In the United States, a boxed warning (sometimes 'black box warning', colloquially) is a type of warning that appears on the package insert for certain prescription drugs, so called because the U.S. Food and Drug Administration specifies that it is formatted with a 'box' or border around the text. The FDA can require a pharmaceutical company to place a boxed warning on the labeling of a prescription drug, or in literature describing it. It is the strongest warning that the FDA requires, and signifies that medical studies indicate that the drug carries a significant risk of serious or even life-threatening adverse effects. 
Economists and physicians have thoroughly studied the effects of FDA boxed warnings on prescription patterns. It is not necessarily true that a physician and patient will have a conversation about a drug's boxed warning after it is issued. For instance, an FDA-mandated boxed warning decreased rosiglitazone use by 70%, but that still meant 3.8 million people were given the drug. Later research indicated that after receiving an FDA advisory, there was a decrease in rosiglitazone use, due to a combined effect of media exposure, advisory, and scientific publications, whereas pioglitazone (with a similar advisory but less media exposure) did not similarly decrease in use. This challenges the idea that physicians and patients will have a conversation after a boxed warning is issued. Throughout the country, boxed warnings will be translated into prescription patterns differently by different physicians.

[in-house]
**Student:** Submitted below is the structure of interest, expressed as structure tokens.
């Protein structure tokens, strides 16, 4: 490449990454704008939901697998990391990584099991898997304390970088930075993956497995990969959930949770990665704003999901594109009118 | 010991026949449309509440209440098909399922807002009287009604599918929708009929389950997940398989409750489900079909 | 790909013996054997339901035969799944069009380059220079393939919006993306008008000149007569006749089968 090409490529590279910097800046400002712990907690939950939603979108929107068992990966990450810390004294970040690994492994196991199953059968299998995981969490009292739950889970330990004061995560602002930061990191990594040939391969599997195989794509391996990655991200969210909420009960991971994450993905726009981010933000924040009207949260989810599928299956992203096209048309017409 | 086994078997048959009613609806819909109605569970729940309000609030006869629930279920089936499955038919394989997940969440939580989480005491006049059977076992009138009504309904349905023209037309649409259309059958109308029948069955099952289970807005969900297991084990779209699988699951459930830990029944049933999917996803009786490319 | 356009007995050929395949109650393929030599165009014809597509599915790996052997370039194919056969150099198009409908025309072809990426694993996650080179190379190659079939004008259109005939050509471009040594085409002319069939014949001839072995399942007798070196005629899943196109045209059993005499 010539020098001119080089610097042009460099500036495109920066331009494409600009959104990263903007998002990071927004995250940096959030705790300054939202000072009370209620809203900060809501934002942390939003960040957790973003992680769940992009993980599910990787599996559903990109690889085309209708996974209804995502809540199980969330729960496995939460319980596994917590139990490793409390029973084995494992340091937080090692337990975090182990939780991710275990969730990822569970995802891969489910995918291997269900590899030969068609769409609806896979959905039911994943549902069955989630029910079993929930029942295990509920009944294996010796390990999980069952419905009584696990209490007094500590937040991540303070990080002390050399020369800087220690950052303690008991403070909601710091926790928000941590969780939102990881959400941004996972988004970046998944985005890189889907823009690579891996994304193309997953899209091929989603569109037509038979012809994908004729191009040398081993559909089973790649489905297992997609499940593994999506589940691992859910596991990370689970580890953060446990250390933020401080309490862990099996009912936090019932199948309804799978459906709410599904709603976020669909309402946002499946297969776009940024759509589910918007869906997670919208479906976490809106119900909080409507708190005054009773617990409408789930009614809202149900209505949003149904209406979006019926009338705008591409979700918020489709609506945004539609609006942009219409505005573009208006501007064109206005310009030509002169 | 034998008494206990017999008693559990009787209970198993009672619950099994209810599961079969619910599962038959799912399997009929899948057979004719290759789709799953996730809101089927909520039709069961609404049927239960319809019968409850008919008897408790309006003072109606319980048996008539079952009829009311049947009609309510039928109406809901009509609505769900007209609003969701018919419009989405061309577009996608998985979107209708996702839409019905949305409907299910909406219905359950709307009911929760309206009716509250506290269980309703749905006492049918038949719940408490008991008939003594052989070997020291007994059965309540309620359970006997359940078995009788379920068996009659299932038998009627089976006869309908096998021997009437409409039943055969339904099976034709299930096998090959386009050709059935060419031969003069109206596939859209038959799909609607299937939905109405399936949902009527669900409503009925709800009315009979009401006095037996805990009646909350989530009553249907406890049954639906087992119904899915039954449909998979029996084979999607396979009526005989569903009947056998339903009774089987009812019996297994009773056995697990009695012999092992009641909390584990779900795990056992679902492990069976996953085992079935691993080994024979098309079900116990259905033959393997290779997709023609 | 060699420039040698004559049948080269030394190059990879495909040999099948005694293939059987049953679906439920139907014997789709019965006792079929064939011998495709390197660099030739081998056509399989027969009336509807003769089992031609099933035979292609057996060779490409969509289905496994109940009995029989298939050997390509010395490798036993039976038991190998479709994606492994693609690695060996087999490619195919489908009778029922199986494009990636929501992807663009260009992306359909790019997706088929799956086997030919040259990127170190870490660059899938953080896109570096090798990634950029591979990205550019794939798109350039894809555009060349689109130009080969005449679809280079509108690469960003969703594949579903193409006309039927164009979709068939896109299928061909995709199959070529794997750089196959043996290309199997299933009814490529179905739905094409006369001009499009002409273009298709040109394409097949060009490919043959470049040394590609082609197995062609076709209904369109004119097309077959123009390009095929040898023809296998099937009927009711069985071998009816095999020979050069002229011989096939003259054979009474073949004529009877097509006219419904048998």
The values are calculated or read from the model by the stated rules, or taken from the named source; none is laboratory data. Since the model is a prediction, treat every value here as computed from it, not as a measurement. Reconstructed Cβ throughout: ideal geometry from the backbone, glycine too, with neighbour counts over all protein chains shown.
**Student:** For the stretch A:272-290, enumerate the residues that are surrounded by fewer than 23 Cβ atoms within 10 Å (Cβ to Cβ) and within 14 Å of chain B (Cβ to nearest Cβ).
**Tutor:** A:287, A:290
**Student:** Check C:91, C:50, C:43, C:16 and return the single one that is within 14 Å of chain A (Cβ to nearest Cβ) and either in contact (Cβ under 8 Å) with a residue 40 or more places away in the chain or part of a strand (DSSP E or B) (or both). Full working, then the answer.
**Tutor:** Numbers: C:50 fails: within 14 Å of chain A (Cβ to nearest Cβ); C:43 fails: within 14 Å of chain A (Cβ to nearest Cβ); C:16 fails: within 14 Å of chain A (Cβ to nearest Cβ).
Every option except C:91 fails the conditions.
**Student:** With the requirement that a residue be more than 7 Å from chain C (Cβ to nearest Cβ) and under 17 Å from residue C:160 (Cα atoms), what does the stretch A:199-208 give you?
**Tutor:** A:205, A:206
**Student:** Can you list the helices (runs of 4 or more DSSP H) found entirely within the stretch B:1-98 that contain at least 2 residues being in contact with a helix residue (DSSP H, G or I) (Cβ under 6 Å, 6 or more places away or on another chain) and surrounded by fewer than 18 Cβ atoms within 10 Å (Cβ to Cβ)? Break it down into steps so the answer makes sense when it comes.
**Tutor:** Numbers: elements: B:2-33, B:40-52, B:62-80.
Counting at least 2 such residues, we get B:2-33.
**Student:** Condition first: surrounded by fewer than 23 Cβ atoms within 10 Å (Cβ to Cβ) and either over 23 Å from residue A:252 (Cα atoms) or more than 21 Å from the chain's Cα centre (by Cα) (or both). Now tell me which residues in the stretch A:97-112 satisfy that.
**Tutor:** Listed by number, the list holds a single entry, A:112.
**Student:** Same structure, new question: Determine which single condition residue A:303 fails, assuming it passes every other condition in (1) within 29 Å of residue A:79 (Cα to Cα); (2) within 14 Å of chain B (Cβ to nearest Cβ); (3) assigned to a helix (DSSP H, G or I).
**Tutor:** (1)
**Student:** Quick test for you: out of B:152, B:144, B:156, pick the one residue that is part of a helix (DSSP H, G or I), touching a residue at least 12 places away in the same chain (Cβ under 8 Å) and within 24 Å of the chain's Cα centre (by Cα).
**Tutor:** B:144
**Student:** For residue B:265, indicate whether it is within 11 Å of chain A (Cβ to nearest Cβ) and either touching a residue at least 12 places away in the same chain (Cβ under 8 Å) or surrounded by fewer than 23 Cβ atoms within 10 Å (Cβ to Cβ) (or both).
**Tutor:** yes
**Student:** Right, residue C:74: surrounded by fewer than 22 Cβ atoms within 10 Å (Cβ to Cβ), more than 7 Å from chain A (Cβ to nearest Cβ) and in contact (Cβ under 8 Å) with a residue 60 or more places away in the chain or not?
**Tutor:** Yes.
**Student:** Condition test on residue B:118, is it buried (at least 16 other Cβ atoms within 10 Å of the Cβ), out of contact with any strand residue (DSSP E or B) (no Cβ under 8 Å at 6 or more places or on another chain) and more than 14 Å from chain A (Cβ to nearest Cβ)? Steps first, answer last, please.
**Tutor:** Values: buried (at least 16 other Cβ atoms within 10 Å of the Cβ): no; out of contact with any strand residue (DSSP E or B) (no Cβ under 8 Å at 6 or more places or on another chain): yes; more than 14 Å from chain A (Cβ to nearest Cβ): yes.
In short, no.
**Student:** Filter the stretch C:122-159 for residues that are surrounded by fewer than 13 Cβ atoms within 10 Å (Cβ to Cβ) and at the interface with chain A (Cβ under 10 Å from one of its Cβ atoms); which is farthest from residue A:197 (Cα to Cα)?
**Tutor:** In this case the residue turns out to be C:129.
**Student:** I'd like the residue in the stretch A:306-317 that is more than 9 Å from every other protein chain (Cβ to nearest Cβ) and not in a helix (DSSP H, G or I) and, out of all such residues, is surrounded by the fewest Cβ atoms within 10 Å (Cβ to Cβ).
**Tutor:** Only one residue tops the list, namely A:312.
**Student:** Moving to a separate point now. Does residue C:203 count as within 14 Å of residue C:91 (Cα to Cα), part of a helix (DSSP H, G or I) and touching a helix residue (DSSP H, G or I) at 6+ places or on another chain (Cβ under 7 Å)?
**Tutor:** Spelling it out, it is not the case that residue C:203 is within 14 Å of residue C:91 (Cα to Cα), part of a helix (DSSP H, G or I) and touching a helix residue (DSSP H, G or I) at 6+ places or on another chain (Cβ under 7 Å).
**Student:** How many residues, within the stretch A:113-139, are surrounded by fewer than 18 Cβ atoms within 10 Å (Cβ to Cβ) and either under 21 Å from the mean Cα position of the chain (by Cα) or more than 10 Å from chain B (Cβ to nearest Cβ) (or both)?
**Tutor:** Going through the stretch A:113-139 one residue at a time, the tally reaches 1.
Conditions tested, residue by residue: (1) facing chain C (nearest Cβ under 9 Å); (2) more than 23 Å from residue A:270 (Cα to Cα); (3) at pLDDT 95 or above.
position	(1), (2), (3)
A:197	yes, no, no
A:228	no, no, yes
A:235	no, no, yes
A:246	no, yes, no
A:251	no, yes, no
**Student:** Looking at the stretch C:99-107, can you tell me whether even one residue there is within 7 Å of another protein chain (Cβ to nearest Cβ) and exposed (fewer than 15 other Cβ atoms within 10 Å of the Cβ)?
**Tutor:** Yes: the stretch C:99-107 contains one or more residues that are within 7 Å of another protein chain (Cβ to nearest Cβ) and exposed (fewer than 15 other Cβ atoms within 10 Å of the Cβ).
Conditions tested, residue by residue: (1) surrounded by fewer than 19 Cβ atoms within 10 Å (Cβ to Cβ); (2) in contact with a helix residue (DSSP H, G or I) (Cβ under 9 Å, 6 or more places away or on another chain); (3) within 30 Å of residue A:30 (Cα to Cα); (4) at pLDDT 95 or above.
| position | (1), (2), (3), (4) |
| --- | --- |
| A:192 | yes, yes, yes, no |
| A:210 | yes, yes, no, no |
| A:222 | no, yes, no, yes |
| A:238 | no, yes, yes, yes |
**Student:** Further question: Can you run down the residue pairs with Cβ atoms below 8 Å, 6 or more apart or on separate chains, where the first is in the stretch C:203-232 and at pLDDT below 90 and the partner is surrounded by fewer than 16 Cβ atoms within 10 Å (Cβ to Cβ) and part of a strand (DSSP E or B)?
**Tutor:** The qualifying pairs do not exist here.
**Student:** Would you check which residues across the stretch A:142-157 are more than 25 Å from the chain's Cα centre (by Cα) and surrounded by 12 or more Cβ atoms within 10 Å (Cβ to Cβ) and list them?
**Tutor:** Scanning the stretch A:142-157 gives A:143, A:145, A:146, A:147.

In 2005, the FDA issued a boxed warning regarding the risk of atypical antipsychotics being prescribed among elderly patients with dementia. This advisory was associated with a decrease in use of antipsychotics, especially in elderly patients with dementia.
Boxed warnings on drugs have received increased media attention in the United States since 2004. Among some of the more widely covered stories:
- The FDA has required that boxed warnings be placed on all antidepressant medications warning they may result in increased risk of suicidal tendencies in children, adolescents, and young adults aged 18-24 years old.
- FDA advisors have recommended that Pfizer be required to place a boxed warning on their non-steroidal anti-inflammatory drug Celebrex (celecoxib) for cardiovascular and gastrointestinal risks.
- As of 17 November 2004, the FDA has required a boxed warning on the Depo-Provera contraceptive injection, due to the risk of significant loss of bone density with long-term use.
- As of October 9, 2006, the FDA added a boxed warning to the anticoagulant warfarin due to the risk of bleeding to death.
- In February 2006, the FDA's Drug Safety and Risk Management Advisory Committee voted to include boxed warnings on methylphenidate formulations used to treat attention deficit hyperactivity disorder, such as Ritalin (methylphenidate), due to possible cardiovascular side-effects. A month later, the agency's Pediatric Advisory Committee effectively rejected recommending boxed warnings for both cardiovascular and psychiatric adverse effects. (Minutes and transcripts of the relevant meetings are available on the FDA website.)
- On November 14, 2007, the FDA added a boxed warning to the diabetes medication Avandia (rosiglitazone), citing the risk of heart failure or heart attack to patients with underlying heart disease, or are at a high heart attack risk.
- On July 8, 2008, the FDA ordered a boxed warning on certain antibiotic medications containing fluoroquinolone, which has been linked to tendon ruptures and tendinitis. Included were the popular drugs Cipro (ciprofloxacin), Levaquin (levofloxacin), Avelox (moxifloxacin), Noroxin (norfloxacin) and Floxin (ofloxacin).
- As of July 1, 2009, the FDA requires Chantix (varenicline) to carry a boxed warning due to public reports of side effects including depression, suicidal thoughts, and suicidal actions.